## Curves with infinite $$K$$-rational geometric fundamental group.(English)Zbl 0978.14021

Völklein, Helmut (ed.) et al., Aspects of Galois theory. Papers from the conference on Galois theory, Gainesville, FL, USA, October 14-18, 1996. Cambridge: Cambridge University Press. Lond. Math. Soc. Lect. Note Ser. 256, 85-118 (1999).
From the paper: Let $$K$$ be a finitely generated field with separable closure $$K_s$$ and absolute Galois group $$G_K$$. By a curve $$C/K$$ we always understand a smooth geometrically irreducible projective curve. Let $$F(C)$$ be its function field and let $$\Pi(C)$$ be the Galois group of the maximal unramified extension of $$F(C)$$. We have the exact sequence $1\to\Pi_g (C)\to \Pi(C)\to G_K\to 1 \tag{*}$ where $$\Pi_g(C)$$ is the geometric (profinite) fundamental group of $$C\times \text{Spec} (K_s)$$ (i.e. $$\Pi_g(C)$$ is equal to the Galois group of the maximal unramified extension of $$F(C)\otimes K_s)$$. This sequence induces a homomorphism $$\rho_C$$ from $$G_K$$ to $$\text{Out} (\Pi_g(C))$$ which is the group of automorphisms modulo inner automorphisms of $$\Pi_g(C)$$. It is well known that $$\rho_C$$ is an important tool for studying $$C$$. For instance, it determines $$C$$ up to $$K$$-isomorphisms if the genus of $$C$$ is at least 2 and $$K$$ is a number field or even a $${\mathfrak p}$$-adic field [see S. Machizuki, Invent. Math. 138, No. 2, 319-423 (1999; Zbl 0935.14019)].
So it is of interest to find quotients $$\overline \Pi(C)$$ of $$\Pi(C)$$ such that the induced map of $$G_K$$ is not the identity but the induced representation $$\overline\rho_C$$ becomes trivial. We give a geometric interpretation of such quotients. For this we assume that the sequence (*) is split and choose a section $$s$$ which induces a homomorphism $$\sigma$$ from $$G_K$$ to $$\operatorname{Aut}(\Pi_g (C))$$. Let $$U$$ be a normal subgroup of $$\Pi(C)$$ contained in $$\Pi_g(C)$$. The representation $$\rho_C$$ becomes trivial modulo $$U$$ if and only if the map $$\sigma\bmod U$$ has its image inside of $$\text{Inn} (\Pi_g(C)/U)$$. Let $$Z$$ be the center of $$\Pi_g(C)/U$$ and $$\overline\Pi =(\Pi_g(C)/U)/Z$$. Our condition on $$U$$ implies that there is exactly one group theoretical section $$\overline s$$ from $$G_K$$ to $$\overline \Pi(C)/U)/Z$$ inducing the trivial action on $$\overline\Pi$$ and so $$\overline\Pi$$ occurs as Galois group of an unramified regular extension of $$F(C)$$ in a natural way. Thus, to find center free infinite factors of $$\Pi_g$$ on which $$\rho_C$$ becomes trivial is equivalent with finding infinite regular Galois coverings of $$C$$. Choosing as base point a geometric point of $$C$$ we can say that “$$\overline \Pi$$ is a factor of the geometric fundamental group of $$C$$ over $$K$$”.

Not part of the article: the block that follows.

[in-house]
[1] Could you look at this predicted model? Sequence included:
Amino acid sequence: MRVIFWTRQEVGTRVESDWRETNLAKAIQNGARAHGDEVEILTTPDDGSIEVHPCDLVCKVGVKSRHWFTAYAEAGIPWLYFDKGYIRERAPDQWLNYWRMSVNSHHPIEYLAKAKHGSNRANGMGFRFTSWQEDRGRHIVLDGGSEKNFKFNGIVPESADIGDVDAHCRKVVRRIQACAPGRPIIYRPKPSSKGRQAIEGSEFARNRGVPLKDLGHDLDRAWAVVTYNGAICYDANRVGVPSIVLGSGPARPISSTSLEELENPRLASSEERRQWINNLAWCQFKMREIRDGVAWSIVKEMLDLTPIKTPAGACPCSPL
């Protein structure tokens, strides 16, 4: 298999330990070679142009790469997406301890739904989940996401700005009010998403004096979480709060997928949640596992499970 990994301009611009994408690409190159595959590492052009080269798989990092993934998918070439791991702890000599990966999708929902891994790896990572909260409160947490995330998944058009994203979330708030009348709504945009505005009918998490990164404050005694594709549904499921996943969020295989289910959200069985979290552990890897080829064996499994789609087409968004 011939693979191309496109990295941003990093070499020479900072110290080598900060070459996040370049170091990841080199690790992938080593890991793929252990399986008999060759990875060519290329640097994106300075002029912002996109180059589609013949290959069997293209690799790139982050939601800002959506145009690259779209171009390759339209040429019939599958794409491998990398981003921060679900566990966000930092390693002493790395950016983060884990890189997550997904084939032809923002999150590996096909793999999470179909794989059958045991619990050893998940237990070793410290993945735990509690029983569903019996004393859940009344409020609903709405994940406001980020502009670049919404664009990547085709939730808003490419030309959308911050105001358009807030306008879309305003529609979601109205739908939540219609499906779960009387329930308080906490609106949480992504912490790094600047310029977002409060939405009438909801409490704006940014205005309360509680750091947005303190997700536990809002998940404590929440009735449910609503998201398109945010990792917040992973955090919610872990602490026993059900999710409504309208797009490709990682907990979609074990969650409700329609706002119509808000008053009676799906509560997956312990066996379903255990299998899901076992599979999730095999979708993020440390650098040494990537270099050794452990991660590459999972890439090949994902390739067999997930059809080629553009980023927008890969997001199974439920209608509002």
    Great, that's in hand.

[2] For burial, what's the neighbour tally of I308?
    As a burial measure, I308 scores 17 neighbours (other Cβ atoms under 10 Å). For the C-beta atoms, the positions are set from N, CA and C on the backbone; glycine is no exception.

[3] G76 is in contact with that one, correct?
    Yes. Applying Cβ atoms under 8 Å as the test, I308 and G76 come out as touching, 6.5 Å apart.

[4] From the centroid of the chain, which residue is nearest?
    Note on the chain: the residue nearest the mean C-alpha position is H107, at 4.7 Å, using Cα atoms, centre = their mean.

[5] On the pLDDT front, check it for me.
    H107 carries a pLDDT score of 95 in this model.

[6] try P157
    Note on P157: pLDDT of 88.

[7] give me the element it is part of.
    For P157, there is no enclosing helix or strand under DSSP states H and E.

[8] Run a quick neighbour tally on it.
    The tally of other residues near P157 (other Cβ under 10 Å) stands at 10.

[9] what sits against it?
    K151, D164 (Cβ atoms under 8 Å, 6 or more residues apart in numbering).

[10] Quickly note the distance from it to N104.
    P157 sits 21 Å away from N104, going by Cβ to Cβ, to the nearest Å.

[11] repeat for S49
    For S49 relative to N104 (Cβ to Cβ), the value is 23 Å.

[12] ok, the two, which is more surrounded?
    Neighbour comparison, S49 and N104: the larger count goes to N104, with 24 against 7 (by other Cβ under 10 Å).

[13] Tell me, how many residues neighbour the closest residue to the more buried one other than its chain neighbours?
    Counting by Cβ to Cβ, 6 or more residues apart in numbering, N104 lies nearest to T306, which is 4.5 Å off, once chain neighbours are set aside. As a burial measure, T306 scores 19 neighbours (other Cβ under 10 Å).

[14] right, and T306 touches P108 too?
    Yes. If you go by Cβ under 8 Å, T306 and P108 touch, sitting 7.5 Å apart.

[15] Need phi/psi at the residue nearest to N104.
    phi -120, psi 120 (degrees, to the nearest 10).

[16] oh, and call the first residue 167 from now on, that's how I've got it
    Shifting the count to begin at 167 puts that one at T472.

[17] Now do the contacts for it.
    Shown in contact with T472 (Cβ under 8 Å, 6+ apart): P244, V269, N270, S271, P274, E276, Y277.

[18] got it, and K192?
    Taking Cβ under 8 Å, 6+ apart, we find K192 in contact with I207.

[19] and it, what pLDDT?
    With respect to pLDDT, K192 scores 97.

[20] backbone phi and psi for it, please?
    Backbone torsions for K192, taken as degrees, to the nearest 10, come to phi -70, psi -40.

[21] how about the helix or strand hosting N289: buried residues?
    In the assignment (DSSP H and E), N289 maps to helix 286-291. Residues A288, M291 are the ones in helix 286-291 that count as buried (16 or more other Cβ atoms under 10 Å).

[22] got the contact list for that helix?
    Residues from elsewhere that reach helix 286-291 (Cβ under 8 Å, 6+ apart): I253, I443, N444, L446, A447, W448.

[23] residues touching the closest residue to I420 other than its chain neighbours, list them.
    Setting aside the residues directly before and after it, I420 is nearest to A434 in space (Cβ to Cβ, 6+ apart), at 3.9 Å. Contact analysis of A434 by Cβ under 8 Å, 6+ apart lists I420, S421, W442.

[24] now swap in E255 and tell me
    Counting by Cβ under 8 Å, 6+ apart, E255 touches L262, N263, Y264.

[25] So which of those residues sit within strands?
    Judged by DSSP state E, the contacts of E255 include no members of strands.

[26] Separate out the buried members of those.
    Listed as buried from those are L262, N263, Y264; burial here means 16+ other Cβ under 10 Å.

Assume that $$C$$ has a $$K$$-rational point $$P$$ and choose a splitting $$s_P$$ of (*) corresponding to $$P$$ by identifying $$G_K$$ with the decomposition group of an extension of the place corresponding to $$P$$ in $$F(C)$$ to its separable closure. Now the finite quotients of $$\Pi_g(C)$$ on which $$s_P(G_K)$$ operates trivially correspond to unramified Galois coverings $$C'$$ of $$C$$ on which the decomposition group of $$P$$ operates trivially. Hence $$P$$ has $$K$$-rational extensions to $$C'$$ and the choice of $$s_P$$ corresponds to the choice of such an extension $$P'$$. (If we make another choice, then the corresponding section is replaced by a conjugate in $$\Pi(C).)$$ We can regard $$C'$$ as étale covering of $$C$$ with respect to the base points $$P$$ respectively $$P'$$. Taking the limit we get the $$K$$-rational geometric fundamental group of $$C$$ with base point $$P$$: $\Pi_g(C,P): =\Pi_g(C)/ \biggl\langle \bigl(s_P (\sigma)-1\bigr) \Pi_g(C) \biggr \rangle_{\sigma \in G_K}.$ We use either quartic coverings of the projective line or quadratic coverings of elliptic curves with enough ramification points to find for every genus $$g\geq 3$$ curves with infinite geometric fundamental group defined over $$\mathbb{Q}(i)$$ or over $$\mathbb{F}_q(i)$$ (where $$i$$ is a fourth root of unity) and we find even parametric families of such curves over every ground field containing $$i$$. [Remark: We do not have any example of a curve defined over $$\mathbb{Q}$$ with infinite $$\mathbb{Q}$$-rational geometric fundamental group.]
We thus have examples of curves of genus $$g$$ with an infinite $$K$$-rational geometric fundamental group for every $$g\geq 3$$. No such example can exist for curves of genus $$g=1$$, as will be explained in the paper. This leaves only the case $$g=2$$. Here we find very special curves with an infinite tower of regular unramified Galois coverings but we cannot decide there whether there are rational points in the tower.
For the entire collection see [Zbl 0941.00014].

### MSC:

 14G32 Universal profinite groups (relationship to moduli spaces, projective and moduli towers, Galois theory) 14H30 Coverings of curves, fundamental group 14E20 Coverings in algebraic geometry 14G05 Rational points

Zbl 0935.14019